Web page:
All about Ankylosing Spondylitis
Ankylosing spondylitis is an inflammatory disease or a type of arthritis that primarily affects the spine or back, over time, can cause some of the vertebrae in your spine to fuse. If ribs are affected, it can be difficult to breathe deeply. The fusing of the spinal vertebrae which is also known a “Bamboo Spine” , makes the spine less flexible and can result in a forward hunch posture. Ankylosing spondylitis affects men more often than women. Signs and symptoms typically begin in early adulthood. Inflammation also can occur in other parts of your body, most commonly, your eyes.
Causes of Ankylosing Spondylitis
The cause of ankylosing spondylitis is unknown, but genes and heredity play an important role.
Some studies suggest that Ankylosing Spondylitis may be triggered by an infection. In particular, people who have a gene called HLA-B27 are at increased risk of developing ankylosing spondylitis. However, only some people with the gene develop the condition.
The area’s most commonly affected in Ankylosing Spondylitis are:
- The sacroiliac joint that is between the base of your spine and your pelvis.
- The vertebrae in your lower back.
- The places where your tendons and ligaments attach to bones, mainly in your spine, but sometimes along the back of your heel.
- The cartilage between your breastbone and ribs.
- Your hip and shoulder joints.
The most common symptoms of Ankylosing Spondylitis are:
- It is most commonly seen in age group of 17-35.
- Chronic pain and stiffness in the lower back, buttocks and hips.
- Pain and stiffness which worsens during periods of rest or inactivity and improves with movement and exercise.
- Early morning stiffness of joints.
- Overtime, the inflammation can cause the sacroiliac and vertebral bones to fuse or grow together. When the bones fuse, the spine loses its normal flexibility and becomes rigid.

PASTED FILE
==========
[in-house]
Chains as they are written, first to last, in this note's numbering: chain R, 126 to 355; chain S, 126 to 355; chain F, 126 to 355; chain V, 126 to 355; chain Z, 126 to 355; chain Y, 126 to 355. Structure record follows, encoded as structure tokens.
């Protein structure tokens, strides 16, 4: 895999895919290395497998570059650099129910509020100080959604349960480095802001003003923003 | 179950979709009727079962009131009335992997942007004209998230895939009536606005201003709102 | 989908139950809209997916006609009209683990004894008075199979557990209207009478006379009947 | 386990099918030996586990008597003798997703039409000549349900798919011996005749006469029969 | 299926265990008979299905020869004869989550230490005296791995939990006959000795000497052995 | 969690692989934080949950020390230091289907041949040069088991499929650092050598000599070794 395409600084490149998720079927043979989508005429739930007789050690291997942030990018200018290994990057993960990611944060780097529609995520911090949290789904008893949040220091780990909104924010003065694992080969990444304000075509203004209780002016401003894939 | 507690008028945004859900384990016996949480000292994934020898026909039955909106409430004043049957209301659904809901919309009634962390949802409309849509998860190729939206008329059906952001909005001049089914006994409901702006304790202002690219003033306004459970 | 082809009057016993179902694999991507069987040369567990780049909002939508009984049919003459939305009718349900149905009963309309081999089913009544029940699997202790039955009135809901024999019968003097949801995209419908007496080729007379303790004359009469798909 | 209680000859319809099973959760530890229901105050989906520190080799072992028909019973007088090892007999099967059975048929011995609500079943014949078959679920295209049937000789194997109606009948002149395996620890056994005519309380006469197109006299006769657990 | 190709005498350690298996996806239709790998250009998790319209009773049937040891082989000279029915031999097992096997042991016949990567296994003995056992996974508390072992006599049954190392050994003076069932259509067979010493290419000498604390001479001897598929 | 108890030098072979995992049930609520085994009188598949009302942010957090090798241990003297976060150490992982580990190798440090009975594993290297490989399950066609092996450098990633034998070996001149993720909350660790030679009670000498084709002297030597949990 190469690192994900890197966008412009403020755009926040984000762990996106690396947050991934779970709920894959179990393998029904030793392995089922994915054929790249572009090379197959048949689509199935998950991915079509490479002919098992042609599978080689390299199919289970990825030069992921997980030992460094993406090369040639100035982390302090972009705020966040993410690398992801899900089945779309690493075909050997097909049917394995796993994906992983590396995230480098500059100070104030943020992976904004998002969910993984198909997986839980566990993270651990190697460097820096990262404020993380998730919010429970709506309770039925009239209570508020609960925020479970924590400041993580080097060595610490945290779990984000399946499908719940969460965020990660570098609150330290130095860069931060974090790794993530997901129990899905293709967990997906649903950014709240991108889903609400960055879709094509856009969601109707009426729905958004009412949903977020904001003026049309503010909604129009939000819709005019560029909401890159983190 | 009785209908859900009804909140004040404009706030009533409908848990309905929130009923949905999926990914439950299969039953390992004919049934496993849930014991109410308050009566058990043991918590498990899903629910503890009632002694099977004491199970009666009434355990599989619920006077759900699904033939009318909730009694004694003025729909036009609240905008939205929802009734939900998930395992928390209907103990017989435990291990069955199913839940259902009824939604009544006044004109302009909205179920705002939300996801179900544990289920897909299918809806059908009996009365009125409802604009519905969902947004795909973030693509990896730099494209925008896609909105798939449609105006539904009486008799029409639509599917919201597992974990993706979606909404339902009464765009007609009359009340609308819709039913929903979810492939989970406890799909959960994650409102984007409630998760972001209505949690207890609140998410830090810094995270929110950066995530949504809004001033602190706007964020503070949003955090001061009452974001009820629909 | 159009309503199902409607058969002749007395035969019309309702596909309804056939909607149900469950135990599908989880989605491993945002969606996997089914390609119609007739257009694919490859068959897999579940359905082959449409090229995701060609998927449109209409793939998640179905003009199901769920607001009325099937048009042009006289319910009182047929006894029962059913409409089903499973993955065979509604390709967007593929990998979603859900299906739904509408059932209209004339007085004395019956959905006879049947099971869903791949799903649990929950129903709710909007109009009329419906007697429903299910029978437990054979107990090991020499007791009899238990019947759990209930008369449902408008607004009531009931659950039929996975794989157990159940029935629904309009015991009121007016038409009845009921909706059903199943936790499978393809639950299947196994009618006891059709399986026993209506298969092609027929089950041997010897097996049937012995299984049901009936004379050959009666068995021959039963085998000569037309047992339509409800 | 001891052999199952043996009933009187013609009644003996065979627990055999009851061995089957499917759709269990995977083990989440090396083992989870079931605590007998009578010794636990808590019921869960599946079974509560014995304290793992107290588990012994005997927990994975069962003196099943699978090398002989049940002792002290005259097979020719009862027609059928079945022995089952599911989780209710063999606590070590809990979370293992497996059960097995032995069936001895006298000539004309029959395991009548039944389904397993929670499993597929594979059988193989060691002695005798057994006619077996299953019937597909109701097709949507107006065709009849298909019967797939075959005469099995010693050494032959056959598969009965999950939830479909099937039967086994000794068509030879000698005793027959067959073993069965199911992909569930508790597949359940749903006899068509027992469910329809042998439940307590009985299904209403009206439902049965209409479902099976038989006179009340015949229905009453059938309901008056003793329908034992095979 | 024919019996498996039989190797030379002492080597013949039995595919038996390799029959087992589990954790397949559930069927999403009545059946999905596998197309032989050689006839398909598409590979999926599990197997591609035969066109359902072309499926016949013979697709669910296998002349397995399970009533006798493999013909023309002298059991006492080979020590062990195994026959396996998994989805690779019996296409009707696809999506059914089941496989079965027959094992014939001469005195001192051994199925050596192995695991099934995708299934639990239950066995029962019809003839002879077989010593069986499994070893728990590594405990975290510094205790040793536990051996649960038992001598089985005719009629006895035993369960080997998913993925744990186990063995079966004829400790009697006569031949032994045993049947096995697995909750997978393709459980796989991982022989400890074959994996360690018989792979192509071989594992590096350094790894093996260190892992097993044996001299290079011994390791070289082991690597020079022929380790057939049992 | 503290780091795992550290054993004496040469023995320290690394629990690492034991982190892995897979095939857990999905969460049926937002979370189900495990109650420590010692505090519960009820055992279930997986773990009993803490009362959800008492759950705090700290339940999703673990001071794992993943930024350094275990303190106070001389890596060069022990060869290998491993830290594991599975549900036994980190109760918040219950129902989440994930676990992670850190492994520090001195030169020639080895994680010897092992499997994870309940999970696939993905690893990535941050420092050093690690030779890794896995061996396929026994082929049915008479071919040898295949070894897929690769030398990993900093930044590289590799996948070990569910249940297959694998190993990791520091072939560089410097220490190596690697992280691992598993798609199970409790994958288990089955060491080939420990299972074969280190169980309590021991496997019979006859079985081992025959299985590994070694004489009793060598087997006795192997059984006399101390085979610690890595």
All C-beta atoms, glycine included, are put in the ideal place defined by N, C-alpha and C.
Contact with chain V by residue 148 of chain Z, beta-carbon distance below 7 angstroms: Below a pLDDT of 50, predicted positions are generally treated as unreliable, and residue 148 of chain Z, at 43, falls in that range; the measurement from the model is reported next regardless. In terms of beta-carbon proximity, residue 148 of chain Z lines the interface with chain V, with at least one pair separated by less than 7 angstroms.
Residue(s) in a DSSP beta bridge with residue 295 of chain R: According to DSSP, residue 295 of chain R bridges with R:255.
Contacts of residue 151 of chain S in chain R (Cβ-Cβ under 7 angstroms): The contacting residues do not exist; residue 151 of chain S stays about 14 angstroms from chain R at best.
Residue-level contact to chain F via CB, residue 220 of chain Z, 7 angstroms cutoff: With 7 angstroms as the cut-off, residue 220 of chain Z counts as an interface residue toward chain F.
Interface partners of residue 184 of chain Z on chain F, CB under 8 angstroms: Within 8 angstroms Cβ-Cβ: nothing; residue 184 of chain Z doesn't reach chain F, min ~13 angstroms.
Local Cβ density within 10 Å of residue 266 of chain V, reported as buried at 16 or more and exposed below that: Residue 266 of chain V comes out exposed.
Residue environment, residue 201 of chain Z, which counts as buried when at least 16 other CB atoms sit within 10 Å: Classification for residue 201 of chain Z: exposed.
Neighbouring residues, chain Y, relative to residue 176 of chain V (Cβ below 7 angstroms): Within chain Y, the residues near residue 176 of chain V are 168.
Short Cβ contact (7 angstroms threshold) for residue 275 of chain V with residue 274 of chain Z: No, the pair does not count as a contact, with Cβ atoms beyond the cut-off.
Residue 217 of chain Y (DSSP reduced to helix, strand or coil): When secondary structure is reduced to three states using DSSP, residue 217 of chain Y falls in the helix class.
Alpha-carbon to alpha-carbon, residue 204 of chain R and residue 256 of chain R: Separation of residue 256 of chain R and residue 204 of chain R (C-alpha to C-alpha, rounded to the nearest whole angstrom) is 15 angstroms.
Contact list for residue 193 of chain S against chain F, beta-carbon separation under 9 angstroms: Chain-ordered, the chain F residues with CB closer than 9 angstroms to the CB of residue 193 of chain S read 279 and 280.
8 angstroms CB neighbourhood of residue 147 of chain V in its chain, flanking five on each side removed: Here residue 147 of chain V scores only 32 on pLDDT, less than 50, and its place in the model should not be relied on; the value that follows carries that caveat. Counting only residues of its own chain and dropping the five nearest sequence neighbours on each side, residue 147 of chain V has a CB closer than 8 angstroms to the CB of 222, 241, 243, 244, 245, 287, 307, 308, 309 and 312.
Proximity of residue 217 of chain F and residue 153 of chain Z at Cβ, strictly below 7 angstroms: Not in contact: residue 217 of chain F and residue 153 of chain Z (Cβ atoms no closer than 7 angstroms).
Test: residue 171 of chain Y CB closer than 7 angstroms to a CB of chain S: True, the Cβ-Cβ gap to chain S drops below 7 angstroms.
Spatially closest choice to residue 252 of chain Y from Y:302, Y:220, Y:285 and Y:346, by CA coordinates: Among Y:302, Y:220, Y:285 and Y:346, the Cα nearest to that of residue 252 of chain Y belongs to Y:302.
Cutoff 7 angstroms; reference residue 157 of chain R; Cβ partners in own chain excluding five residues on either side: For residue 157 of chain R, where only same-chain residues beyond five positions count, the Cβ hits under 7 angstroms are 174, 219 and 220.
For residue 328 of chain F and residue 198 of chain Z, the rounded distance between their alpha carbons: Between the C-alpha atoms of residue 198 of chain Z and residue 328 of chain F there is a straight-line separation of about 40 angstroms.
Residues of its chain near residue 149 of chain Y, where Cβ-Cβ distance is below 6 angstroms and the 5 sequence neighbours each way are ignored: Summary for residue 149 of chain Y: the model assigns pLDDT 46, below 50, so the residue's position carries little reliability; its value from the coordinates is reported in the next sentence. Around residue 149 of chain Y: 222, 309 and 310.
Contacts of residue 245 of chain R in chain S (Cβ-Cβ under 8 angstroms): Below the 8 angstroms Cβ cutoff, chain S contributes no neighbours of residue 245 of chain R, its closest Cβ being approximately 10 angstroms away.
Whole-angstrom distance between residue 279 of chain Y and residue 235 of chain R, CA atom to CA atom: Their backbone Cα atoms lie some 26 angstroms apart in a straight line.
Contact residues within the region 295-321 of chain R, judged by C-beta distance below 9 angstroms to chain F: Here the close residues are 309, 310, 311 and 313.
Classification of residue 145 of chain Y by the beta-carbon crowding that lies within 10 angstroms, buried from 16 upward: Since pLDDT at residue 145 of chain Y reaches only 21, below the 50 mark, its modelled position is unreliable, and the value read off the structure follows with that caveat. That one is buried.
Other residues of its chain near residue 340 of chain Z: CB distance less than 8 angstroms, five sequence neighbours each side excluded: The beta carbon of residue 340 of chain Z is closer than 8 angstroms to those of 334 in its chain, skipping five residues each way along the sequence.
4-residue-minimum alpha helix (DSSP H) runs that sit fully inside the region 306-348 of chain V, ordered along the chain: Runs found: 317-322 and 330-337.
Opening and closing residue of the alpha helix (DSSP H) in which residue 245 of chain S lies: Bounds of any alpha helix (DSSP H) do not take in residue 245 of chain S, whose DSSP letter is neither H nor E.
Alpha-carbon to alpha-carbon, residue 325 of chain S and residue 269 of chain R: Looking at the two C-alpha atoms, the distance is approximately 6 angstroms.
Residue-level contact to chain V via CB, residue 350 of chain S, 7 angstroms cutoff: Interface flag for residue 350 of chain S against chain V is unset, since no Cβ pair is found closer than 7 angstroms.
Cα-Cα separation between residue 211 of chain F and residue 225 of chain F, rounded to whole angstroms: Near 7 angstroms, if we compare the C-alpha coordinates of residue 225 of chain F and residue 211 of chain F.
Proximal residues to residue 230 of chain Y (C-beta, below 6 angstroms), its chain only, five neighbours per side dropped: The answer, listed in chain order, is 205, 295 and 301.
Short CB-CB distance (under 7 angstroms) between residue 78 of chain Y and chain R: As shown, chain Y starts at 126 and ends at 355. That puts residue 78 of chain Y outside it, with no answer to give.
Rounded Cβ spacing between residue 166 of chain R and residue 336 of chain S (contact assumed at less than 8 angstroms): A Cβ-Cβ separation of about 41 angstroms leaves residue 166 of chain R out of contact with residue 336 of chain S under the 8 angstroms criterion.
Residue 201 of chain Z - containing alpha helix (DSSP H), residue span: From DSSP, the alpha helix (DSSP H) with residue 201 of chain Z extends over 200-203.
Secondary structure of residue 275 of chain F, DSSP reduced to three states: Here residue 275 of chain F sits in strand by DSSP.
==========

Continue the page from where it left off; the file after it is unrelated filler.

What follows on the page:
- The rib cage also may fuse which can limit normal chest expansion and make breathing more difficult. Inflammation and pain also can occur in the hips, shoulders, knees, ankles, toes and fingers, which may limit mobility.
- The heels may be affected, making it uncomfortable to stand or walk on hard surfaces.
- Smokers who have ankylosing spondylitis have more spinal damage than non-smokers with the same level of disease activity.
- The disease is also linked to an increased risk of heart disease and stroke.
- The disease can cause fever, loss of appetite, fatigue and inflammation in the lungs, heart and eyes.
- Eye inflammation (called iritis or uveitis) occurs in more than one-fourth of people with Ankylosing Spondylitis. Iritis causes redness and pain in the eye that worsens with exposure to bright light causing blurring of vision.
How to diagnose Ankylosing Spondylitis?
For the diagnosis of ankylosing spondylitis the doctor generally rely on medical history, physical examination of joints and spine, imaging tests of the pelvis and also blood tests to check for the HLA-B27 gene.
Homoeopathic Approach/ Treatment for Ankylosing Spondylitis:
It is universally known that Ankylosing spondylitis is not curable but with the help of gentle medicines like homoeopathy, the disease progress can be slowed down.
Conventional medicines include Analgesics, Nonsteroidal Anti-inflammatory Drugs (NSAIDs), Disease-modifying Anti-rheumatic Drugs (DMARDs) and Corticosteroids. If none of them work then the last option is Surgery but still the pathology keeps progressing with other joints of the body. None of them would give long-term relief to the patient.
Homoeopathy helps naturally by stimulating the immune system and helps to slow down the progress of the disease.
Homoeopathic remedies work by stimulating the body’s own healing capacity.
Homeopathy is free from any side-effects.
Homoeopathic medicines help to reduce stress if any and rebuild self-confidence because it deals with the patient as a person and not only the disease.
Conventional medicines could lead to more exhaustion or tiredness but with homoeopathy there is no such side-effect.
Homoeopathic medicines are not addictive and do not damage any other organs of the body unlike conventional medicines.
Self Management of Ankylosing Spondylitis
- Self-management is the best way to slow down the progress of ankylosing spondylitis.
- Regular physical activity is the most important component of AS management. The main goal is to prevent permanent stiffness and preserve the range of motion in your neck and back.
- Deep-breathing exercises and aerobic activities will help keep your chest and rib cage flexible.
- Swimming is a good option because it helps keep your spine, neck, shoulders and hips flexible.
- General strengthening and aerobic exercise can improve overall health and function in individuals with AS.
- Stop Smoking. Smoking will worsen any lung problems due to AS and is an important risk factor for osteoporosis.
- Maintaining proper body posture is important to prevent joints from fusing in undesirable positions.
- Avoid lifting, stooping and remaining in cramped or bent positions. Maintain good posture by adjusting the height of your desk or computer monitor. Some people find it helpful to alternate between standing and sitting and using a cushion to support a painful back.